A UKM Success Story: 400 Cochlear Implants In 20 Years
By Asmahanim Amir
Pix Mohd Hafizh Kasman, Photographer PPUKM
PUTRAJAYA, 25 May 2015 – The Cochlear Implant team of The National University of Malaysia (UKM) has successfully implanted the devices in 410 patients who suffer from hearing loss and speech in the last 20 years.
UKM Vice-Chancellor, Prof Dato’ Dr Noor Azlan Ghazali said from the total almost 84 percent of the patients were children.
“The patients also subscribed to audiology training and speech therapy to rehabilitate their hearing and speech,” he said when speaking at a High-Tea Charity Event in Conjunction with 20 years of the UKM Cochlear Implant Programme, here on May 23, 2015.
Cochlear implants help to replace the function of the damaged inner ear to process sound and send signals to the brain. It is different from a hearing aid that amplifies sound.
He said although not quite yet half of the age of UKM, the Cochlear Implant Team comprising academics and health professionals including specialists in Otorhinolaryngology, audiology, speech therapy and paediatrics have had a huge impact on individuals suffering from impaired hearing in the country and the region.
“The UKM Cochlear Implant team has done a good job in carrying out its responsibilities. It is a group of experts who not only inspires the country, but also cooperated and contributed to the international community and experts around the world,” he explained.
Prof Noor Azlan said he was proud because the efforts made by the founder of the Cochlear Implant Team, 20 years ago has grown with the participation of more and more clinical professionals in related fields.
“This collaboration of expertise is a great example how the knowledge and expertise from academia can give high impact to society.
“It is also the best example of how a wide range of clinical expertise and academic and professional fields of ear surgery, audiology, speech sciences and paediatrics can work together in a programme of treatment using the latest and most sophisticated medical technology,” he remarked.
He said to increase the collaboration between an academic hospital and professionals in medical and health science fields, UKM has developed teaching methods which use inter-professional learning in the curriculum at the Faculty of Medicine and Faculty of Pharmacy.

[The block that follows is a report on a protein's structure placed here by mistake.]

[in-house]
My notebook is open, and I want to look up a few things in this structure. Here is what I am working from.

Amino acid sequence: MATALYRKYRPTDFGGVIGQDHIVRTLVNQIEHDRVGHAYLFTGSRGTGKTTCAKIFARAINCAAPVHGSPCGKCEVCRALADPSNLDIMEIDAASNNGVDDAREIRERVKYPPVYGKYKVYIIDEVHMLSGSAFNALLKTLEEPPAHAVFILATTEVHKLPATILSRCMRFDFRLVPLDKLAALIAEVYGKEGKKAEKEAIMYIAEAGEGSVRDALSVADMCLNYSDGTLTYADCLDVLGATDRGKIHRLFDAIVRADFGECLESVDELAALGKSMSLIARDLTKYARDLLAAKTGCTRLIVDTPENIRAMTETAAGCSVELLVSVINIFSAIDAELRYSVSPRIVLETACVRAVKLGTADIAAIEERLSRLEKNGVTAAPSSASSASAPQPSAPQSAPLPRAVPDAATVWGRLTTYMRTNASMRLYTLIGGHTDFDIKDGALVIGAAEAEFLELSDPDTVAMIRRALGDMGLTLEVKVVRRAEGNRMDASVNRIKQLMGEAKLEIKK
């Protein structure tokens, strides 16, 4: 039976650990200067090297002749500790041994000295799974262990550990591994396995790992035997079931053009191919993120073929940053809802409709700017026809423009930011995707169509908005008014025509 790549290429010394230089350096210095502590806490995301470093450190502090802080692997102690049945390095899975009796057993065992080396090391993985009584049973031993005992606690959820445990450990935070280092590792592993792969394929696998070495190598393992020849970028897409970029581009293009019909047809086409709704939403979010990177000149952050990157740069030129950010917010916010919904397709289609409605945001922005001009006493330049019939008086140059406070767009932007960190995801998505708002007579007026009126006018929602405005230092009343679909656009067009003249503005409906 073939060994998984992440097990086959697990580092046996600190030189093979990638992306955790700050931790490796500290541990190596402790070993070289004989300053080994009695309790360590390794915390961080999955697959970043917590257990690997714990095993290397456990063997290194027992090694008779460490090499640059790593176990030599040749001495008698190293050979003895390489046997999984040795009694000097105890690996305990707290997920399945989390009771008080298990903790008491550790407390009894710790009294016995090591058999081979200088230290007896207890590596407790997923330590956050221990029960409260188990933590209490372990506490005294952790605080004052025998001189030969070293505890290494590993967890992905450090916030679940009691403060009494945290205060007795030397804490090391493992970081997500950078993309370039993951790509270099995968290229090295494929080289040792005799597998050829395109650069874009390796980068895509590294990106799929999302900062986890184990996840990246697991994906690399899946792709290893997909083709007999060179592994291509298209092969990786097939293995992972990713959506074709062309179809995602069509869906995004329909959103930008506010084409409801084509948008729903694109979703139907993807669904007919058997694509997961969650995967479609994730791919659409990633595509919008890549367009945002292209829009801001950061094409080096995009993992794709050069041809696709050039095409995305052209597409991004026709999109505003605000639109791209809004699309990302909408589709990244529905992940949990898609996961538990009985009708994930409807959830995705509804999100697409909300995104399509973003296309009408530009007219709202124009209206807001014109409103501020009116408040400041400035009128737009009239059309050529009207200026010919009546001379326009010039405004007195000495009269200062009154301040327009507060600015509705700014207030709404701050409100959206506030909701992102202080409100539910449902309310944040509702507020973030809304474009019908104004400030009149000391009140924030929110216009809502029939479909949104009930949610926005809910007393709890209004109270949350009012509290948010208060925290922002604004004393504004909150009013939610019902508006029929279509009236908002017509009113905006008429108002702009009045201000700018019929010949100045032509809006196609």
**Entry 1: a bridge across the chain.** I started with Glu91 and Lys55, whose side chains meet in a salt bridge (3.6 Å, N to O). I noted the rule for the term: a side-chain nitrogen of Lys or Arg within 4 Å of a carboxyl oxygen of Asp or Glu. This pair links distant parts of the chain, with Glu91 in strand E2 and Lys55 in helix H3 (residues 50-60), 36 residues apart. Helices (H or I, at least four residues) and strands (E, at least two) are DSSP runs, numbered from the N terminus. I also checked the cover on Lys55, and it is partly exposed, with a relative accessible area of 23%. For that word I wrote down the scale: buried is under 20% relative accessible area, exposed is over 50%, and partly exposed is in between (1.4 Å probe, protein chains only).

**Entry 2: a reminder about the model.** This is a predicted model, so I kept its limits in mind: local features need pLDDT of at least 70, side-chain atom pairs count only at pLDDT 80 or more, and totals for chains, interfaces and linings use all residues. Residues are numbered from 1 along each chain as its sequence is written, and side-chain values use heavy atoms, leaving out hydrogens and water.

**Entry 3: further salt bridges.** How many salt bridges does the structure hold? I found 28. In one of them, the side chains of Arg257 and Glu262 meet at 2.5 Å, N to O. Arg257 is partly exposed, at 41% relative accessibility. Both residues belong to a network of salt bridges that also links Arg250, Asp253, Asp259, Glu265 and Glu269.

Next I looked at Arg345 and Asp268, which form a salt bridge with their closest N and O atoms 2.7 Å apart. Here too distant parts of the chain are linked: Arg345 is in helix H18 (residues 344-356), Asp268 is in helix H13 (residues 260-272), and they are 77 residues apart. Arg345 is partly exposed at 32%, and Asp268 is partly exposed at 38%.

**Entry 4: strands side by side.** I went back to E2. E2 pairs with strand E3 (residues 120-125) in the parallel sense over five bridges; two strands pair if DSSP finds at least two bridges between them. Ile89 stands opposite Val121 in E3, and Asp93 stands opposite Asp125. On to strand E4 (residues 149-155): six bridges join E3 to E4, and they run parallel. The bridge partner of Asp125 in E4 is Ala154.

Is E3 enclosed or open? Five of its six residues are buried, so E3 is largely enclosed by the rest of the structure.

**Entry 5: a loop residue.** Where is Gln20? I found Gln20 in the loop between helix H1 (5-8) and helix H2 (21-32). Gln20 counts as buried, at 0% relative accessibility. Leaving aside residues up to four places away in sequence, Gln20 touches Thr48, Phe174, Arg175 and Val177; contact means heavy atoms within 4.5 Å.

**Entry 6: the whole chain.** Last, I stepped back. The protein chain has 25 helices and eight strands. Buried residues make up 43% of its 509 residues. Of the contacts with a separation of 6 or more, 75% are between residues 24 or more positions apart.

“This programme (inter-professional learning) should be encouraged so that we can produce health and medical professionals who can work in a strong team in order to enhance the quality of service to patients,” he said.
He hoped that the programme could continue to enhance efforts to increase the number of graduates and professionals in the field of Health Sciences to ensure the health and medical needs of the patients are met.
Meanwhile, Director of The Institute of Ear, Hearing and Speech (I-HEARS), Prof Dr Goh Bee See said the excellence of the UKM Cochlear Implant team has been recognised by various parties at the local level, Southeast Asia, Asia and the Middle East.
“The UKM Cochlear Implant team has helped the establishment of cochlear implant programmes in Indonesia, Pakistan and Vietnam, besides collaborating with the Ministry of Health to create the cochlear implant programme at the Ministry,” she explained.
She said on December 2014, the team through I-HEARS signed a Memorandum of Understanding (MoU) with the Borneo Medical Centre to help set up a cochlear implant programme in Sarawak.
The UKM Cochlear Implant Team was set up in 1994, by Prof Dato’ Dr Lokman Saim with Prof Dato’ Dr Abdullah Sani Mohamed from the Department of Otorhinolaryngology, Faculty of Medicine UKM in collaboration with Prof Dr Siti Zamratol Mai-Sarah Mukari and Prof Madya Dr Kartini Ahmad from Faculty of Health Sciences.
The team marked a major milestone by becoming a pioneer in performing cochlear implants in the region.